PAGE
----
This issue contains two technical articles which highlight the necessity of protecting the water supply which is of primary importance to sustaining life on our planet. Both articles relate to India, the country we are focusing on in this edition, but water husbandry is essential everywhere.

Professor Goutam Mukherjee, senior lecturer at the Government College of Engineering & Leather Technology, Kolkata, proposes a new tanning process which removes basification and washing and takes hides directly from liming to chrome. He points to the fact that conventional chrome tanning subjects the hides and skins to treatment with a wide variety of chemicals and involves an enormous amount of time, while also contributing to an increase in COD, chlorides, sulfates and other mineral salts, which end up as effluent. But, perhaps more alarmingly, is the fact that the process uses profuse quantities of water in areas where there is rapid depletion of ground water.

To overcome this, his work set out to find a process which would reduce water usage through deliming, pickle and basification-free chrome tanning and would remove associated washings which follow liming and deliming operations by the conventional method. Professor Mukherjee says that it has been estimated that by 2025AD, 1.8 billion people will live in countries or regions with absolute water scarcity.

Our other technical article, by T Ramasami, N K Chandra Babu, C Muralidharan, J Ragava Rao, and P Saravanan of the CLRI and Catherine Money, Mark Hickey, Ken Montgomery, Cameron Simpson, and Chi Huynh of CSIRO concerns an ACIAR funded project on Salinity Reduction in Tannery Effluents in India and Australia.

India has a huge tanning industry and is one of the few areas in the world which is showing a healthy growth rate. Water is obviously of major concern and huge efforts have been made to provide tanneries with access to common effluent treatment plants.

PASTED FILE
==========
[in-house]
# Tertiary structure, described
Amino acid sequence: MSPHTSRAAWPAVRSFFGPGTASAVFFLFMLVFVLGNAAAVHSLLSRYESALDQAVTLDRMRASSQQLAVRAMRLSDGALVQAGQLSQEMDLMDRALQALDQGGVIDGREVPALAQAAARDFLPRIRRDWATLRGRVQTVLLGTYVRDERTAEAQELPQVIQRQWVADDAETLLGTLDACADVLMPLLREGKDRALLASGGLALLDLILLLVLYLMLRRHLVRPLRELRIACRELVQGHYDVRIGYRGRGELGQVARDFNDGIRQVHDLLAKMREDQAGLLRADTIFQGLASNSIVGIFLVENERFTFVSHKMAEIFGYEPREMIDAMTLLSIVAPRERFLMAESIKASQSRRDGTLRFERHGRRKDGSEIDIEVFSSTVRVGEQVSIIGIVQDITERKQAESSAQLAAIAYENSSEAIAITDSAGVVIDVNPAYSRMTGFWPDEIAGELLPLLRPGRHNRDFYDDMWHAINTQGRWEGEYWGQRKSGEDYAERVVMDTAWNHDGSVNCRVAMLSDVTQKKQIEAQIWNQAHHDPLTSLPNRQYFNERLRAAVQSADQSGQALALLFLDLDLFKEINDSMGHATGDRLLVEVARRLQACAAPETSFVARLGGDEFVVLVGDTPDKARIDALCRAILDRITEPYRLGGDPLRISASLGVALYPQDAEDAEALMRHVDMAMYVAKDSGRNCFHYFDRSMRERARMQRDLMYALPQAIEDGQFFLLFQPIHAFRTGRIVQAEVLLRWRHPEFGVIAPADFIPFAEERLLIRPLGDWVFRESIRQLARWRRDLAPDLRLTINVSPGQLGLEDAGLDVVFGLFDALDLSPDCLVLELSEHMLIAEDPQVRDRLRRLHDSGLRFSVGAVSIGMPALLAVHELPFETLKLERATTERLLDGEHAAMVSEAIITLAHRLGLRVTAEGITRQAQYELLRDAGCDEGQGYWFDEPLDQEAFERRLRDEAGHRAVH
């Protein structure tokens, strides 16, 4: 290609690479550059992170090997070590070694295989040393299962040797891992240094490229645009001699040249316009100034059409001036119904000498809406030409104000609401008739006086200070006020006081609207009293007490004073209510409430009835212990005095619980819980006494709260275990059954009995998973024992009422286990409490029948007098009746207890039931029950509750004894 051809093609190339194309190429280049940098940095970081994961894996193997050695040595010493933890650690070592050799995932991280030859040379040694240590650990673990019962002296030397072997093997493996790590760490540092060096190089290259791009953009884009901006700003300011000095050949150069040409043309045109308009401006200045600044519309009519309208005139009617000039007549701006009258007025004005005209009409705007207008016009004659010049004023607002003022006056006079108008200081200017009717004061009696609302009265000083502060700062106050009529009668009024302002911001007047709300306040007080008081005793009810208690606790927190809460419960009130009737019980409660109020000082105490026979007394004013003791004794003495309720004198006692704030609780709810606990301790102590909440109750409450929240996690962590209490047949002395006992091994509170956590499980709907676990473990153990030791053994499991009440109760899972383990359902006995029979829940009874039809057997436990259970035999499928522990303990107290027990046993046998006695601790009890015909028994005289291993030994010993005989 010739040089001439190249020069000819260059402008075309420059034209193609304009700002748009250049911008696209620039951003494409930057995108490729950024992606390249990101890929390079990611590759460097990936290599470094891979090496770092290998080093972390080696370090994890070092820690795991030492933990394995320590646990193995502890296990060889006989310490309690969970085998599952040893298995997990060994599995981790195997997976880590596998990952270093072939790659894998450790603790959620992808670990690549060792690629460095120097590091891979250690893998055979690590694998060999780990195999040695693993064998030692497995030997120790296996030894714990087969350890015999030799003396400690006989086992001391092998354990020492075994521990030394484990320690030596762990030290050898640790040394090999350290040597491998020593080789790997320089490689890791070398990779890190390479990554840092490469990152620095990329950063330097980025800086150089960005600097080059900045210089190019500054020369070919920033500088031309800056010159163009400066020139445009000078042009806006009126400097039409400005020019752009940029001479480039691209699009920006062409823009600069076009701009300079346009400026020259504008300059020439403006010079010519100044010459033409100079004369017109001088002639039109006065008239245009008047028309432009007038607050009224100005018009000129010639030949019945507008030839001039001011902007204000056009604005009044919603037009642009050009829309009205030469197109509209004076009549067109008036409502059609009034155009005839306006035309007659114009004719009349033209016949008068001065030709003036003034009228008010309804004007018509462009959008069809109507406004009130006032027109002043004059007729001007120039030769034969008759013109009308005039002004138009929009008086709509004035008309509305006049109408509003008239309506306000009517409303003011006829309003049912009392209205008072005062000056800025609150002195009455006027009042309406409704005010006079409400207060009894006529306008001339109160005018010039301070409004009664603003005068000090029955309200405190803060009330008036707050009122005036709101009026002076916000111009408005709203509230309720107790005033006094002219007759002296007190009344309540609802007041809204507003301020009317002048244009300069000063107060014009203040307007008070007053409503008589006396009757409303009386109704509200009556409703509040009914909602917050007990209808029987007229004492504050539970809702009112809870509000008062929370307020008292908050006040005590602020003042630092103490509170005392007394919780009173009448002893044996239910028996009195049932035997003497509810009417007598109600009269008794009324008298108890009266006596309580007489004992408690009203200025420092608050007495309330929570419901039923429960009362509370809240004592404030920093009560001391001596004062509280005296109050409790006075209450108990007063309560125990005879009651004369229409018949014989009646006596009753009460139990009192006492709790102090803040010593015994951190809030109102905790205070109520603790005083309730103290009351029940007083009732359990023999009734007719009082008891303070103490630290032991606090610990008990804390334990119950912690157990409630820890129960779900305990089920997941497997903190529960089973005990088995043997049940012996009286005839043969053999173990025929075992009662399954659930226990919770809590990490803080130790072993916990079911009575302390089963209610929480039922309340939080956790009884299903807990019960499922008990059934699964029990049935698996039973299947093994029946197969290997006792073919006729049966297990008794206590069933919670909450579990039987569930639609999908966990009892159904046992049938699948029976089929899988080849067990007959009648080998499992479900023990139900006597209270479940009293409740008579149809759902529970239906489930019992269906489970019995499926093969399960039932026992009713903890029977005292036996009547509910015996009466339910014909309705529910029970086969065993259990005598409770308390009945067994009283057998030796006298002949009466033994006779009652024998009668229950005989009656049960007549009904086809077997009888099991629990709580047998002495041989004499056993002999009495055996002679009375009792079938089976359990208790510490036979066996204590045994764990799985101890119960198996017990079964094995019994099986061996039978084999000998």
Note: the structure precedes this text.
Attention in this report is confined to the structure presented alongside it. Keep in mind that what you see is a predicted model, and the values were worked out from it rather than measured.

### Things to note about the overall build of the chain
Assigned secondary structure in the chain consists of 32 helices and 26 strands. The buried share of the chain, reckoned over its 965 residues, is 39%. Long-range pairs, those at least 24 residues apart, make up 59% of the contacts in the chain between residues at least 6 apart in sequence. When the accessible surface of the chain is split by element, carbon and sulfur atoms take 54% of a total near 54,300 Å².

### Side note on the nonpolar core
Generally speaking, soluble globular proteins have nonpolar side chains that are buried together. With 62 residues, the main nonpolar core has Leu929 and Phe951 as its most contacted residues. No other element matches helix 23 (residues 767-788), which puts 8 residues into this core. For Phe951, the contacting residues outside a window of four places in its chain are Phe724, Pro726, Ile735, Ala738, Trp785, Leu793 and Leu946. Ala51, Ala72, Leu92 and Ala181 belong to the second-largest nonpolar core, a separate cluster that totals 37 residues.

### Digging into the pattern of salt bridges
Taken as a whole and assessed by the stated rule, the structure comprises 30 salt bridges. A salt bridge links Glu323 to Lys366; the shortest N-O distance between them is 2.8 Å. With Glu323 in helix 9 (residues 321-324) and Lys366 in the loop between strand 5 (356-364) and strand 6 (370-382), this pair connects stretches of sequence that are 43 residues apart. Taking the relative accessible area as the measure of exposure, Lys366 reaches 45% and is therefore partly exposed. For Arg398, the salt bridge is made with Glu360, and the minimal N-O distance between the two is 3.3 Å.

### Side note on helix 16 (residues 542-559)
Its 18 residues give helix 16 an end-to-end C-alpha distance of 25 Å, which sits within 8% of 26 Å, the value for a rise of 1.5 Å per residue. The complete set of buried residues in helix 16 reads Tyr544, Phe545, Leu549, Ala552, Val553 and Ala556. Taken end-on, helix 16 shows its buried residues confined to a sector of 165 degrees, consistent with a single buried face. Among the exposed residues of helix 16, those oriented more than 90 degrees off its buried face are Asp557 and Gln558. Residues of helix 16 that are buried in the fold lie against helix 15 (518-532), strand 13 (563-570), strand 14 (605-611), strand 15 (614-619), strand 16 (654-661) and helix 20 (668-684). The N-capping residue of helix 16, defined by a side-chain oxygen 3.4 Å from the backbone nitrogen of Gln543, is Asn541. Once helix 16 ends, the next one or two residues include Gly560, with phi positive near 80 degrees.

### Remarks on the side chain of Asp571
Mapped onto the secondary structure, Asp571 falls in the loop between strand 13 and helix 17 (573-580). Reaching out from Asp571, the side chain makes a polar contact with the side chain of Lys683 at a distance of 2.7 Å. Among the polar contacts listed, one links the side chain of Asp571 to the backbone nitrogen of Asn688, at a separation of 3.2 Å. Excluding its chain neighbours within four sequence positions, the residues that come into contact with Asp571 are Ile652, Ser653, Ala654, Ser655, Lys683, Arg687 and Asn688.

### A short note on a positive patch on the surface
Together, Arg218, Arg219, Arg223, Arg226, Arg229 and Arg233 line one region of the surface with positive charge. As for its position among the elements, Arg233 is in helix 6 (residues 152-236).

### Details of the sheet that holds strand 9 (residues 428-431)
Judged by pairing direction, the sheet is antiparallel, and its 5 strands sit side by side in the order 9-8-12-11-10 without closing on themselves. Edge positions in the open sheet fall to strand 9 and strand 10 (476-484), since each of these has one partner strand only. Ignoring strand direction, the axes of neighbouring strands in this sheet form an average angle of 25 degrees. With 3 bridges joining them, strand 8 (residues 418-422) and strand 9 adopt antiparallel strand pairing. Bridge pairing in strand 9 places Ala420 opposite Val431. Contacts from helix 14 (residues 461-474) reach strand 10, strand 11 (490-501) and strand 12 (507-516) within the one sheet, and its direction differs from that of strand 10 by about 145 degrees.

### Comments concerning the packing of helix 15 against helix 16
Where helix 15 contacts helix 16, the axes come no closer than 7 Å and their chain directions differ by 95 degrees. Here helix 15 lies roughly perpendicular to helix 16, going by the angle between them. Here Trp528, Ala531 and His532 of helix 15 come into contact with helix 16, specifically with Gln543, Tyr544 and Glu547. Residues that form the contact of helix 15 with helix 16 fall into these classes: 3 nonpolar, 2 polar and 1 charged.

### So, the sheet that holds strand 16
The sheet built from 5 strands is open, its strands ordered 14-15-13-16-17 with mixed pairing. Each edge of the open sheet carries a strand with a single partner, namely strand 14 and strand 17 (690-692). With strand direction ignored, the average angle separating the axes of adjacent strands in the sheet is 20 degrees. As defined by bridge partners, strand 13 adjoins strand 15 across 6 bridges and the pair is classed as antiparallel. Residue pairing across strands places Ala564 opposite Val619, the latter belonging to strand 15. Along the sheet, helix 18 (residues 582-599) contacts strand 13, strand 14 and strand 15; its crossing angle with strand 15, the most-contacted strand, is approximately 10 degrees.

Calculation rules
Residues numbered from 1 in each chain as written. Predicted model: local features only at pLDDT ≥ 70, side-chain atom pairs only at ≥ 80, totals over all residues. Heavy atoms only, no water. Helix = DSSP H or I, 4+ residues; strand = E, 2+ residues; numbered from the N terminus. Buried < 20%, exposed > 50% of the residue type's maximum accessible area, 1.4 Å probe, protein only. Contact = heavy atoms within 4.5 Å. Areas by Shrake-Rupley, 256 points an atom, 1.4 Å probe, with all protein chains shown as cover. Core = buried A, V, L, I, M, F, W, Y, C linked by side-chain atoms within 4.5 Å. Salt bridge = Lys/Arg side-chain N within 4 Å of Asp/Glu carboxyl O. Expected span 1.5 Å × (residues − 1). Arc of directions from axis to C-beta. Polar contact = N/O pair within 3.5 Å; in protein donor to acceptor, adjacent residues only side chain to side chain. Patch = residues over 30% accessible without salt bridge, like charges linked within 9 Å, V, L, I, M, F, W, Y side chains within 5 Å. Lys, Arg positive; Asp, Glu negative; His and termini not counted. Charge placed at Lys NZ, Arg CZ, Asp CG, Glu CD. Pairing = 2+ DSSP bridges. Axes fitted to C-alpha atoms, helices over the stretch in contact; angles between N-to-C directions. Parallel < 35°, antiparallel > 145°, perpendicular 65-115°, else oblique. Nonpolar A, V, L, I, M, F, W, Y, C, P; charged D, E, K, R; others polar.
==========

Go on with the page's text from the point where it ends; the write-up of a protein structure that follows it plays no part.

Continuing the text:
I have visited a number of CETPs in India in my time and have been very impressed with what I have seen. However, it is a sad fact that total dissolved solids, TDS, salinity, call it what you will, is still a problem. And India is without doubt one of the regions where water is in short supply in much of the country.

Over the years, Catherine Money spent a lot of time working on such issues as salinity. She has now retired and, sadly, the CSIRO Leather Research Centre has closed. Dr Money could have retired in 2004 but chose to remain with the project until it was completed. It was she who presented the work at the Florence IULTCS Congress.

Technology for TDS reduction has been developed and demonstrated. However, to achieve significant TDS reductions in India, there will need to be considerable uptake of low salt preservation of skins and chilling of hides. The proposed low salt preservation will entail little change for first handlers of skins but greater care will be required to ensure even salt application. There will be resistance to change. One possibility that may bring about change, however, is if the tanner could pay more for skins with less salt and good preservation and less for skins with excess salt.

The costs associated with chilling will be considerable and it is generally accepted that those who gain from the development should bear the cost. It is possible that the government may provide loans which industry would repay. Costs and benefits first need to be determined.

The collaborating tanners will be the champions of the new technologies. If, once the technology has been proven to them, and they adopt the new systems, then others are expected to follow. However, as stated, there is always enormous resistance to change and India has never been considered a fast paced nation.

India is on the brink of enormous success in the leather industry.

It will be interesting to see if they really can take up the challenge and pick up a share of the market which will accord with the size of the country and the resources it has to offer.

Shelagh Davy